A disease that affects the vascular system and in which the TRPC6 channel is established to play a role in the development of in humans is idiopathic pulmonary arterial hypertension (IPAH). Pathophysiologically, proliferation of the vessel walls and the microenvironment with a consecutive increase in pressure in the pulmonary vascular system is relevant (23). In IPAH patients, increased expression of the TRPC6 channel in pulmonary vessels may be detected, which could be responsible for the development of the disease (24,25). In addition, inflammation plays an important role in the development of IPAH (26,27). In certain IPAH patients, gene variations of the TRPC6 channel have been detected, which possess special binding sites for NF-κB (a proinflammatory transcription factor), in the promoter region and thus increase the expression of TRPC6 channels through inflammatory processes (28,29). Re-stenosis processes are still feared complications after interventional procedures, such as stent implantation (30). Neointima formation and further fibroblast differentiation play a crucial role in the process of restenosis. Studies have shown that the TRPC6 channel is involved in both neointima formation (31) and fibroblast activation (32,33). Furthermore, this finding raises the hypothesis that the TRPC6 channel is related to intimal proliferation in atherosclerosis. This would suggest etiological involvement of TRPC6 in atherosclerosis and associated diseases, such as coronary artery disease or stroke (34).

In the process of aging in humans, dysregulation of calcium hemostasis plays an important role in vascular dysfunction. Co-participation of the TRPC6 channel in these processes is also indicated through altered regulation (35). Studies have determined expression of TRPC6 channels at the gene level in humans (35-37). However, thus far, there are no systematic descriptions of the localization of TRPC6 in human samples of vessels, to the best of our knowledge. TRPC6 channels are interesting targets that can be modulated pharmacologically (37), thus determining their physiological localization may have clinical relevance.

The aim of this pilot study was the investigation of TRPC6 channels in human vessels to assess the translational value of animal and cell culture data. Overall, 40 samples of vessels from different locations from nine body donations were included.

Materials and methods

Immunohistochemistry and controls

Various vessel samples (Table I) were obtained from a total of nine body donors from the Anatomical Institute of Saarland University and immersion-fixed in formaldehyde (Table II). The study was approved by the Permanent Ethics Committee of the Saarland Medical Association, Homburg/Saar, Germany (approval no. 163/20). The time post-mortem was <72 h until the corpses were fixed using Weigners protocol (38). The specimens were then embedded in paraffin and 7 µm thin sections were prepared using a microtome. The specimens were first stained with hematoxylin and eosin (H&E) and assessed to determine the morphology of the vessels and whether they were intact, as a basic requirement for immunohistochemistry (IHC) analysis. The first step of IHC was antigen retrieval using 1%-citrate-buffered-solution for 60 min at 95˚C in heating incubator, after which the samples were allowed to passively cool down for 30 min in the citrate. After washing the samples twice for 2 min in PBS each time, they were incubated with a knockout-validated antibody against TRPC6 channel antigen structures (Alomone Labs; cat. no. ACC-017). The specificity and quality of the antibody was assessed using peptide-blocked control samples (Alomone Labs; cat. no. BLP-CC017). For antibody specificity, 40 µg control peptide was dissolved with 20 µl PBS and then incubated with 40 µl 1:100 diluted TRPC6 primary antibody overnight at 7˚C in tubes. Negative controls incubated with rabbit serum (from an untreated rabbit from the Institute for Biochemistry, Homburg, Germany) instead of TRPC6 antibodies were included in each staining run. The protein concentration in both solutions was identical (0.01 mg/ml). Horseradish peroxidase-conjugated goat anti-rabbit antibodies (Invitrogen; Thermo Fisher Scientific, Inc.; cat. no. A10547; 1:500) were used as secondary antibodies. These were incubated for 10-12 h at room temperature in a humidity chamber. The dilutions were made with normal goat serum (Invitrogen; Thermo Fisher Scientific, Inc.; cat. no. 01-6201). The added chromogen DAB became visible as brown coloration, which was converted by an HRP catalyzed reaction. The incubation time with the DAB was determined using light microscopy, and was usually 10 min.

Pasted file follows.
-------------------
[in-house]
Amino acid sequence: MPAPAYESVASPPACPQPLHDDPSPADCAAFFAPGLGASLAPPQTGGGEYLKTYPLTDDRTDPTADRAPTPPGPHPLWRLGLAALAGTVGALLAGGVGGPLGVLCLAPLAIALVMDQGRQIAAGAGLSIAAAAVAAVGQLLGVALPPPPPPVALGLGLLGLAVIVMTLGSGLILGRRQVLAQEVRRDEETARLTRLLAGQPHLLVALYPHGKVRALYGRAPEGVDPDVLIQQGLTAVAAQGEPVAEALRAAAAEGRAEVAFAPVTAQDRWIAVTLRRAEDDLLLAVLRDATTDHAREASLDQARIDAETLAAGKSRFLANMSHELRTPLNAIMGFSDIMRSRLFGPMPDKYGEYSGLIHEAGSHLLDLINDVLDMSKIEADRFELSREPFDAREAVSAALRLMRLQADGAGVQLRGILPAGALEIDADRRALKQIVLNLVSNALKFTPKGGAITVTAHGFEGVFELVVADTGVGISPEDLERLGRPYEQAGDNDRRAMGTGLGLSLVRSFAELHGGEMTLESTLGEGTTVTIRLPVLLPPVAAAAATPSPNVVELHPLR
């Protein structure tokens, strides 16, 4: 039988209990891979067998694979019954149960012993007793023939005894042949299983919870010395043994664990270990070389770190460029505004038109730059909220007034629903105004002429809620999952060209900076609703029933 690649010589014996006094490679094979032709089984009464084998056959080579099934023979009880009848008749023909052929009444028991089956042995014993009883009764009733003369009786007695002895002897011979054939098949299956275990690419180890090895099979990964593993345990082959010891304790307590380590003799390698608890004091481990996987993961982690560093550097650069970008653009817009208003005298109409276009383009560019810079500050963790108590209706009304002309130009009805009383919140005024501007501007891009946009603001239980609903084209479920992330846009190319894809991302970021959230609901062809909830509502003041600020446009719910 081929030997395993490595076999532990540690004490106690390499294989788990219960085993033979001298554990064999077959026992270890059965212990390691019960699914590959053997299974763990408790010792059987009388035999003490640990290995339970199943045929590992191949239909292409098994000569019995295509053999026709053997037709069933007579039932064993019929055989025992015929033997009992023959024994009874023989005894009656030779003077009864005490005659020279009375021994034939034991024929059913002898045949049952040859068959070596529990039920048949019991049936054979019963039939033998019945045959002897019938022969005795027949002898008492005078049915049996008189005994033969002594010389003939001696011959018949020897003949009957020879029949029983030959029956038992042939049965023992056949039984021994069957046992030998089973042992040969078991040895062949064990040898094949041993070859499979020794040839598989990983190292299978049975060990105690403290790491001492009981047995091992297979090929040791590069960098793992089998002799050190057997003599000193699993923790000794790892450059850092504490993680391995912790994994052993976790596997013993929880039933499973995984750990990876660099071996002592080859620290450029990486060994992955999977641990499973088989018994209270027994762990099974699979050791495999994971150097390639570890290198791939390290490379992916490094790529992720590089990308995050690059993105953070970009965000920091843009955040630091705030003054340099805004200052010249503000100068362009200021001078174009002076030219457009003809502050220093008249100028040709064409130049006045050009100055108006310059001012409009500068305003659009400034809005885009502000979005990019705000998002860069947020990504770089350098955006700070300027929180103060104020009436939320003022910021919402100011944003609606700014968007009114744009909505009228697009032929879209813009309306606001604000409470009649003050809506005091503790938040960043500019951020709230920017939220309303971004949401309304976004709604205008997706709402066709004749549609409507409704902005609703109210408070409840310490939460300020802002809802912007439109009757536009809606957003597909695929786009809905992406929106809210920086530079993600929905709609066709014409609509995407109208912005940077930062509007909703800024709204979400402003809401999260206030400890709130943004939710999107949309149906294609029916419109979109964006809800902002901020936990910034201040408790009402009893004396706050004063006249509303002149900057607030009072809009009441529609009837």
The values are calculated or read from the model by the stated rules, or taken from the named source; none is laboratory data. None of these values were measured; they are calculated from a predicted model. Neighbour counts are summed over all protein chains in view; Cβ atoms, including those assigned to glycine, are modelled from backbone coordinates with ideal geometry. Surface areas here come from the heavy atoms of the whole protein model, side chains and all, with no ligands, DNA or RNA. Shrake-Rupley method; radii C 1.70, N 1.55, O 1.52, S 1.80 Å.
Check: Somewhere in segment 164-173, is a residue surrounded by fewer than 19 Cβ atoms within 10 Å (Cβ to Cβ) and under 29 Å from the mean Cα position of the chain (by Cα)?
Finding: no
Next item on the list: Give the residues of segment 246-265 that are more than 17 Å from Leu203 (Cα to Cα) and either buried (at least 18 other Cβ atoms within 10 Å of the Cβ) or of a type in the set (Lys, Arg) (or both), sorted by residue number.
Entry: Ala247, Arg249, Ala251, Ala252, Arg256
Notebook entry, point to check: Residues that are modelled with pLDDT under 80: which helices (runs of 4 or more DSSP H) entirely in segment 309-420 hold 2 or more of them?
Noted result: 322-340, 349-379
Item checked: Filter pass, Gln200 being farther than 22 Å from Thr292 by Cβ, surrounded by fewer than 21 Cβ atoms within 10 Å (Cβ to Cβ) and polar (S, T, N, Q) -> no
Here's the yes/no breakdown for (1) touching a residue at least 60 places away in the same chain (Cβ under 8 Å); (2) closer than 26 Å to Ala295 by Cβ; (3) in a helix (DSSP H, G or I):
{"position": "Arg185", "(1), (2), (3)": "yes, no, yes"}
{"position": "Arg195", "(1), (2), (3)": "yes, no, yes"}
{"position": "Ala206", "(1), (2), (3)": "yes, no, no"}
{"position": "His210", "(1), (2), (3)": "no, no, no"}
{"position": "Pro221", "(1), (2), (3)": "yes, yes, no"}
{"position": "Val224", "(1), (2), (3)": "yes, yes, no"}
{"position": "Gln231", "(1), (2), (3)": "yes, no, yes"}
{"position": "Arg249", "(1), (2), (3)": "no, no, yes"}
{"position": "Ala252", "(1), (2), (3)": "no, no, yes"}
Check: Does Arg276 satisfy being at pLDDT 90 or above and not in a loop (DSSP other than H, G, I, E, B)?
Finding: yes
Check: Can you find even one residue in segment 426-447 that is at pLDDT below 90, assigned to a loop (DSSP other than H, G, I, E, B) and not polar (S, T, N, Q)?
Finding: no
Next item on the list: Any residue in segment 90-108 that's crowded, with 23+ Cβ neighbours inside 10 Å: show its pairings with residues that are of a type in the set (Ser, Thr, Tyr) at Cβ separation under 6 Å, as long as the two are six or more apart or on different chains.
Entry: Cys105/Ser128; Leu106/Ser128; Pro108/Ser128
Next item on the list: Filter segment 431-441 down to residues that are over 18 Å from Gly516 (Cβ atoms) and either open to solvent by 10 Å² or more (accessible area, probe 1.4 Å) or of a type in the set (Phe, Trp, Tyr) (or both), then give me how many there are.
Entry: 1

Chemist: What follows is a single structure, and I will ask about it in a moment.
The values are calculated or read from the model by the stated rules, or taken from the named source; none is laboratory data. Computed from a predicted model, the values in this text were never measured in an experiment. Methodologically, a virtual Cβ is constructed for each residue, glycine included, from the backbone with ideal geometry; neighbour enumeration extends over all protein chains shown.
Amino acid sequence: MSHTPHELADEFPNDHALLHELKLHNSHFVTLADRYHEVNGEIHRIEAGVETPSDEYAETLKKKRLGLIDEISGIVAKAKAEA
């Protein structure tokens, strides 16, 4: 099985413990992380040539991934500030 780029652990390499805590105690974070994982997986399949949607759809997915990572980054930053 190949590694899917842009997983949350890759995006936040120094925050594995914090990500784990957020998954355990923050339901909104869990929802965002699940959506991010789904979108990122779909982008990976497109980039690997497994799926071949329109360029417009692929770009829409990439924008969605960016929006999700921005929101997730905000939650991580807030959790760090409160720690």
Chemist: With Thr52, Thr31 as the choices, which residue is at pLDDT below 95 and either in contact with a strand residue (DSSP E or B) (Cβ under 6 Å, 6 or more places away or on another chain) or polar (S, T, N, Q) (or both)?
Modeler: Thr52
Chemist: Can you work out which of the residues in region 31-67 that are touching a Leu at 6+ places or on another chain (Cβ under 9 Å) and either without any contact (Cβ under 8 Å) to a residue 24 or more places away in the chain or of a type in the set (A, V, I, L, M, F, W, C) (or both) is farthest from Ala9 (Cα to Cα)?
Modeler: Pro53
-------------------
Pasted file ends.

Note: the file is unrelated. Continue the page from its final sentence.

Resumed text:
Table I

Location of the obtained vessels.

Table I

Location of the obtained vessels.

VesselStandardized sampling locationNumber of samples
Arteria renalis dextra2 cm from the outflow from the aorta7
Arteria renalis sinistra2 cm from the outflow from the aorta6
Arteria thoracica interna dextraThird intercostal space4
Arteria thoracica interna sinistraThird intercostal space2
Arteria radialis dextra2 cm proximal in hight of Processus styloideus radii2
Aorta (abdominal/thoracal)2 cm proximal of the aortic bifurcation, or ascending aorta6
Vena cava inferiorPaired to the sampling site of the abdominal aorta2
Vena jugularis interna sinistraVagina carotica in hight of larynx2
Truncus pulmonalis2 cm distal of Valva trunci pulmonalis2